Sunday, February 9, 2014

Icelandics, gaited riding and Losgelassenheit

I saw an interesting article in German about a gaited dressage kuer in Iceland:
Vorhand frisst Losgelassenheit (published in the Iceland Review On Line Magazine)

There are several interesting points:
  • The title of the article "Vorhand frisst Losgelassenheit" implies that the high forehand action so prized in Icelandic horses works against, indeed kills, a horse's ability to be light and responsive. 
  • The fact that many competition horses are ridden with high head and tight reins is mentioned. A competition rider is quoted as saying that any training that does NOT ask for action and speed will be counterproductive to competition, implying that any other form of riding will ruin a horse as a sports prospect. This view appears not uncommon. Dressage training is often referred to as "Kringelreiten", which is a slightly negative way of saying riding in circles.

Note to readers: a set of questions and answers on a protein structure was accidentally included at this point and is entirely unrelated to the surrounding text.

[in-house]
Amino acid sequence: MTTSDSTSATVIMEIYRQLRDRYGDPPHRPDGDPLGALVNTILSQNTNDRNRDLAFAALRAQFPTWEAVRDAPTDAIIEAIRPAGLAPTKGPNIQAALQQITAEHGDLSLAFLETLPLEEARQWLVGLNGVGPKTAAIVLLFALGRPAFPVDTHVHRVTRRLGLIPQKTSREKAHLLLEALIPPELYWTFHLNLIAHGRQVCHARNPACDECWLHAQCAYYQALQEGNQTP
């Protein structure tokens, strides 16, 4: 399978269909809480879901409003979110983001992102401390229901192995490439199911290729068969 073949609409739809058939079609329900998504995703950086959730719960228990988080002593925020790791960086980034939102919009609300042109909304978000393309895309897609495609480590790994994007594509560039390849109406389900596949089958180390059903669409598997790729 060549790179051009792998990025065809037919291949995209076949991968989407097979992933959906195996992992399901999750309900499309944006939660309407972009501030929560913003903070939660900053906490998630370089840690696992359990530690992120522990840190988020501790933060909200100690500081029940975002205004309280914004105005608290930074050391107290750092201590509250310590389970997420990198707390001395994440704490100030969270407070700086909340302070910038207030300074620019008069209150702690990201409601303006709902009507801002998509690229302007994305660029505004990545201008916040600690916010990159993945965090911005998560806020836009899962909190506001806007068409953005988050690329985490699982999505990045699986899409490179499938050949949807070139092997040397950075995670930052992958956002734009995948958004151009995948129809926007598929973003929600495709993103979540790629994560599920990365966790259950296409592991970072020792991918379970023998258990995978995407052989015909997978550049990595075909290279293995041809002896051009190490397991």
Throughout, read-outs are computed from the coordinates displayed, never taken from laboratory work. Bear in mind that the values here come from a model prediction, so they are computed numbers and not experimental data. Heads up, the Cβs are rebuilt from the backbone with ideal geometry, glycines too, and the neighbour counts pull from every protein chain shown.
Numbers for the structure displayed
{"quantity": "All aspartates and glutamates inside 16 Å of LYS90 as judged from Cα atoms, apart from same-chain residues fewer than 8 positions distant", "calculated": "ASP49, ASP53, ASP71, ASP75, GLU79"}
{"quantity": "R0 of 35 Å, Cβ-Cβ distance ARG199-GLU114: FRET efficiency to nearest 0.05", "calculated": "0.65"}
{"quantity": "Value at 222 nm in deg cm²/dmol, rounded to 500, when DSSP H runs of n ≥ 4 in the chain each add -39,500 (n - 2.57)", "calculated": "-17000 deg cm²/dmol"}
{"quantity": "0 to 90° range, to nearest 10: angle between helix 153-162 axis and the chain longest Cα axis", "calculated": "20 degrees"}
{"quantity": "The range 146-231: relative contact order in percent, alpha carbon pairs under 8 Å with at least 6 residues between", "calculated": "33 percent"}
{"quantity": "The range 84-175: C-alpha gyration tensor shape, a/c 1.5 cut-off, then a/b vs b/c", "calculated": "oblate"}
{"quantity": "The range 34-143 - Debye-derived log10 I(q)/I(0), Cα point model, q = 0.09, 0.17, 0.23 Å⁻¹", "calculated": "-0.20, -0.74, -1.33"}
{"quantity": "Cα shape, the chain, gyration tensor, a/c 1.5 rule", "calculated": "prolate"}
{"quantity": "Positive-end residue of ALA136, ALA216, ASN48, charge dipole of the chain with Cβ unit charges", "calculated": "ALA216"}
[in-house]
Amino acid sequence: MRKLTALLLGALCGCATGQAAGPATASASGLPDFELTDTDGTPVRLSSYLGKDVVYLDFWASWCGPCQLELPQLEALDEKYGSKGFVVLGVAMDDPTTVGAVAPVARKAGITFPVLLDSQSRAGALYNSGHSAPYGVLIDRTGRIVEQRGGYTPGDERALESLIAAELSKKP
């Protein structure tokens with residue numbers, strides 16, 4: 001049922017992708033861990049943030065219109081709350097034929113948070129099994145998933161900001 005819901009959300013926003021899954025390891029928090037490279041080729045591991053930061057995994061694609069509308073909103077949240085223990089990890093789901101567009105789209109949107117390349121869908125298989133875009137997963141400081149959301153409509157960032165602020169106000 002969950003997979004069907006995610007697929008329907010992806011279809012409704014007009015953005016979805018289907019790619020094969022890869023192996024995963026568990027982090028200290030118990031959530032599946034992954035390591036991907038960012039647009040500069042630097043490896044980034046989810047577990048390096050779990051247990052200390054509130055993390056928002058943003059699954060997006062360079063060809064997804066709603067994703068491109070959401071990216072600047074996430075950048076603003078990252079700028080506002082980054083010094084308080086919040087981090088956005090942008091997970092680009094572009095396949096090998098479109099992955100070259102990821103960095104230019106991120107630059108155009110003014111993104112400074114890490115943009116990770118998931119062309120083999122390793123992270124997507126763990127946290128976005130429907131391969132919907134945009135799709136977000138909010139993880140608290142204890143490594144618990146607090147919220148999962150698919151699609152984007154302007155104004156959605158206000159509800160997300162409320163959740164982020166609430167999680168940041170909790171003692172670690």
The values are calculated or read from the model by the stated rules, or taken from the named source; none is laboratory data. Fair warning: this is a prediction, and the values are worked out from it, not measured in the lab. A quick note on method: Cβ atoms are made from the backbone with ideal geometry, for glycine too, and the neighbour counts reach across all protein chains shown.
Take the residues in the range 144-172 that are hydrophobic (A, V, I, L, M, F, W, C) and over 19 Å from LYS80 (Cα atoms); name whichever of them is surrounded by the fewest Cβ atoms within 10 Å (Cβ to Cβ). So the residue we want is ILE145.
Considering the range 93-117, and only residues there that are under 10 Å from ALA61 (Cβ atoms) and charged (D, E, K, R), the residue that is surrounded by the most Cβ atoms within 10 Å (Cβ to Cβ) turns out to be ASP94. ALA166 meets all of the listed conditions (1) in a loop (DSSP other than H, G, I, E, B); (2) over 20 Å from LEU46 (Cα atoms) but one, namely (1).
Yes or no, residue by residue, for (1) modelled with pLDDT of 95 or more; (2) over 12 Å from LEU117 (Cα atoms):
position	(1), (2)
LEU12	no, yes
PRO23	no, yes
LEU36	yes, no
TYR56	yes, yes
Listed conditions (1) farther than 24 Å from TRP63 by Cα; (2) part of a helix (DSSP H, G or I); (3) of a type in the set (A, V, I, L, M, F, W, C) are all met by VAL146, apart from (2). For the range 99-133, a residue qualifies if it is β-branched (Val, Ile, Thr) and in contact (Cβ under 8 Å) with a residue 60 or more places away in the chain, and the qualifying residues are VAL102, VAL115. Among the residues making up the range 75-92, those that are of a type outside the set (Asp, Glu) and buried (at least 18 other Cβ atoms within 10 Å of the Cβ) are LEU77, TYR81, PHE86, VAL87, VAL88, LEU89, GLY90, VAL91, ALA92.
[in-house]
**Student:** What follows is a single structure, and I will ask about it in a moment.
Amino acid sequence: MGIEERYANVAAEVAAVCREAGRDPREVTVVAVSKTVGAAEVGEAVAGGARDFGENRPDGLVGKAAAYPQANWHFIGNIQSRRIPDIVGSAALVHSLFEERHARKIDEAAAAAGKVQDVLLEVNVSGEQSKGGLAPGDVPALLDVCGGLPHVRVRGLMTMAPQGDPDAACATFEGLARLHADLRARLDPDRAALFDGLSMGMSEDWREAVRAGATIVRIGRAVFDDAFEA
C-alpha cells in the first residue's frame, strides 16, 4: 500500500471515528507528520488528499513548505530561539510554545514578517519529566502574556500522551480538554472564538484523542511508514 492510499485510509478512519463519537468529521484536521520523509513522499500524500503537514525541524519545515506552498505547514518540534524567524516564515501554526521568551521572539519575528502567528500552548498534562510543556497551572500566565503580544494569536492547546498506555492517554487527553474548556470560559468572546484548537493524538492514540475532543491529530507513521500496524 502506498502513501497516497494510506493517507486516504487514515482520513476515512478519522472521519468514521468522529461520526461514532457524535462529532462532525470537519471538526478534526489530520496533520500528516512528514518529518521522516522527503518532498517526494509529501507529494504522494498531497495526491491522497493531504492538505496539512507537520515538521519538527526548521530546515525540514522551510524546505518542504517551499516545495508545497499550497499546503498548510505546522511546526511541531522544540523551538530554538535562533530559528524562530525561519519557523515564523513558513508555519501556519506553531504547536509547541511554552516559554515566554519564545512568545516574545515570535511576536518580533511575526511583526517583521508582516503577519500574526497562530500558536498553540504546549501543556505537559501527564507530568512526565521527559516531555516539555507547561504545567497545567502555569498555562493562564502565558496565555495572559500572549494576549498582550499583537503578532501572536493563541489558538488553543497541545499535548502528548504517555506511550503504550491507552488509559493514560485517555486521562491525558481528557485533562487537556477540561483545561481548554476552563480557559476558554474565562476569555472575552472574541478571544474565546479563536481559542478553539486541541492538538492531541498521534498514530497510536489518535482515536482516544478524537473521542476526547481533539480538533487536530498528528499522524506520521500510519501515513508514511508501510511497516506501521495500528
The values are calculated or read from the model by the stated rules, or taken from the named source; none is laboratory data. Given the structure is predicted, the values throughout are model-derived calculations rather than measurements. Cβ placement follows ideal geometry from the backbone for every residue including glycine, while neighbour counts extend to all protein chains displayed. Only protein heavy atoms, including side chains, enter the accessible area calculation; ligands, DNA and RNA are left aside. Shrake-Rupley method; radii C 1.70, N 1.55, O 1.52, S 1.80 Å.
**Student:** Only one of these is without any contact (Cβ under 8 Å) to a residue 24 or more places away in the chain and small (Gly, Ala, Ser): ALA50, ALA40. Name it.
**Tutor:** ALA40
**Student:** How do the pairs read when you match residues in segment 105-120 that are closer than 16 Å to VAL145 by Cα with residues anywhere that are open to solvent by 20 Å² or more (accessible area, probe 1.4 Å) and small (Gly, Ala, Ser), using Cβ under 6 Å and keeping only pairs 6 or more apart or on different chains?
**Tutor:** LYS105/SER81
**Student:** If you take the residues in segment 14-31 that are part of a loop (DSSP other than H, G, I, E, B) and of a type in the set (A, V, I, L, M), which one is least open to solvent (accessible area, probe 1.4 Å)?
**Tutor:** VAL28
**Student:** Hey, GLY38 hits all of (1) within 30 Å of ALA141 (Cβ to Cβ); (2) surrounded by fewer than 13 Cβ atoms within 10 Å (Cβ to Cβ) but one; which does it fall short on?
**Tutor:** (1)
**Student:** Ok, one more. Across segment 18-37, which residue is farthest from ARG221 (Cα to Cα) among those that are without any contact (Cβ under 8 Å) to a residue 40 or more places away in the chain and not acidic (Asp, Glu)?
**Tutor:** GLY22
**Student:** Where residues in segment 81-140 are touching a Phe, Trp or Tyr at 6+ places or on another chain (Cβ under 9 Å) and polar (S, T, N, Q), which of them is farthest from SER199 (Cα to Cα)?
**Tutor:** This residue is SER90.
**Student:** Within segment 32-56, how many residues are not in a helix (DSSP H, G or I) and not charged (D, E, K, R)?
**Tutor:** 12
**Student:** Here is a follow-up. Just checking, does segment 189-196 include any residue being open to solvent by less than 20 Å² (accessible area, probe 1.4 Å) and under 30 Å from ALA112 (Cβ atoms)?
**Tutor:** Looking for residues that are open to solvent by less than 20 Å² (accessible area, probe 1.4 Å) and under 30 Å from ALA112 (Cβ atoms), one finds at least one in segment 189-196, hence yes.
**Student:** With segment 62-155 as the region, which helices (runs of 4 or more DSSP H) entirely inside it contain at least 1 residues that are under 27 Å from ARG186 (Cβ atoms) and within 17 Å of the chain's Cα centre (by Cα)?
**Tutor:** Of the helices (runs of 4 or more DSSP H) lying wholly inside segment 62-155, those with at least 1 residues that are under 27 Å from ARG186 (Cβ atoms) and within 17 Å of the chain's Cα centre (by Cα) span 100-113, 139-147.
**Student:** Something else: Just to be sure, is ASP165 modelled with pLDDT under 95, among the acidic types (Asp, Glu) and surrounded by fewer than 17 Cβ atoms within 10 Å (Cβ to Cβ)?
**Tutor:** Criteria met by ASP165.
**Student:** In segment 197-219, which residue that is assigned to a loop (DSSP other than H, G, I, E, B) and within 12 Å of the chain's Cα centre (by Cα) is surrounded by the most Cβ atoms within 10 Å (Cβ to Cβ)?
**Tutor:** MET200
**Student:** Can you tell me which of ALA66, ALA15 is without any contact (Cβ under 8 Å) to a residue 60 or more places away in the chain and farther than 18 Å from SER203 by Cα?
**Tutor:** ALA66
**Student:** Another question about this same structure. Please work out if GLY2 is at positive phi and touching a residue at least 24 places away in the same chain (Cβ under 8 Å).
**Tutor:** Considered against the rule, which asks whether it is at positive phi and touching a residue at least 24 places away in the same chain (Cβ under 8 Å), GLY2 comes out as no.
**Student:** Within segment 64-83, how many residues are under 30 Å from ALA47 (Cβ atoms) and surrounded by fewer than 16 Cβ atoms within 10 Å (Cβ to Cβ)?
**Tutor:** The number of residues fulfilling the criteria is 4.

• Despite this, the dressage competition is gaining in popularity, though it is considered by many to be a "women's event".
  • The author expresses the view that the riding and horses on display have improved since the competition began some years ago, now focussing on better riding rather than just speed. 
  • The article mentions an Icelanding trainer whose DVDs I have seen myself, and who struck me as being very classical in his approach. He also had the nicest seat and most diplomatic hands of all the riders in that video.
  • The author suggests that a horse made supple through correct exercises and ridden in Losgelassenheit (light in the bridle, responsive, calm), better Toelt can be achieved. The common way of asking for speed and action by way of restricting the horse and using strong seat, leg and rein aids is much less suited for producing good toelters who are also responsive and useful for other disciplines.
Coincidentally, we watched an Icelandic video yesterday, and many of the points mentioned about competition horses and the type of riding used were clear to see. But we also saw a more enlightened trainer at work, who used dressage to make his gaited horses more beautiful and happy.

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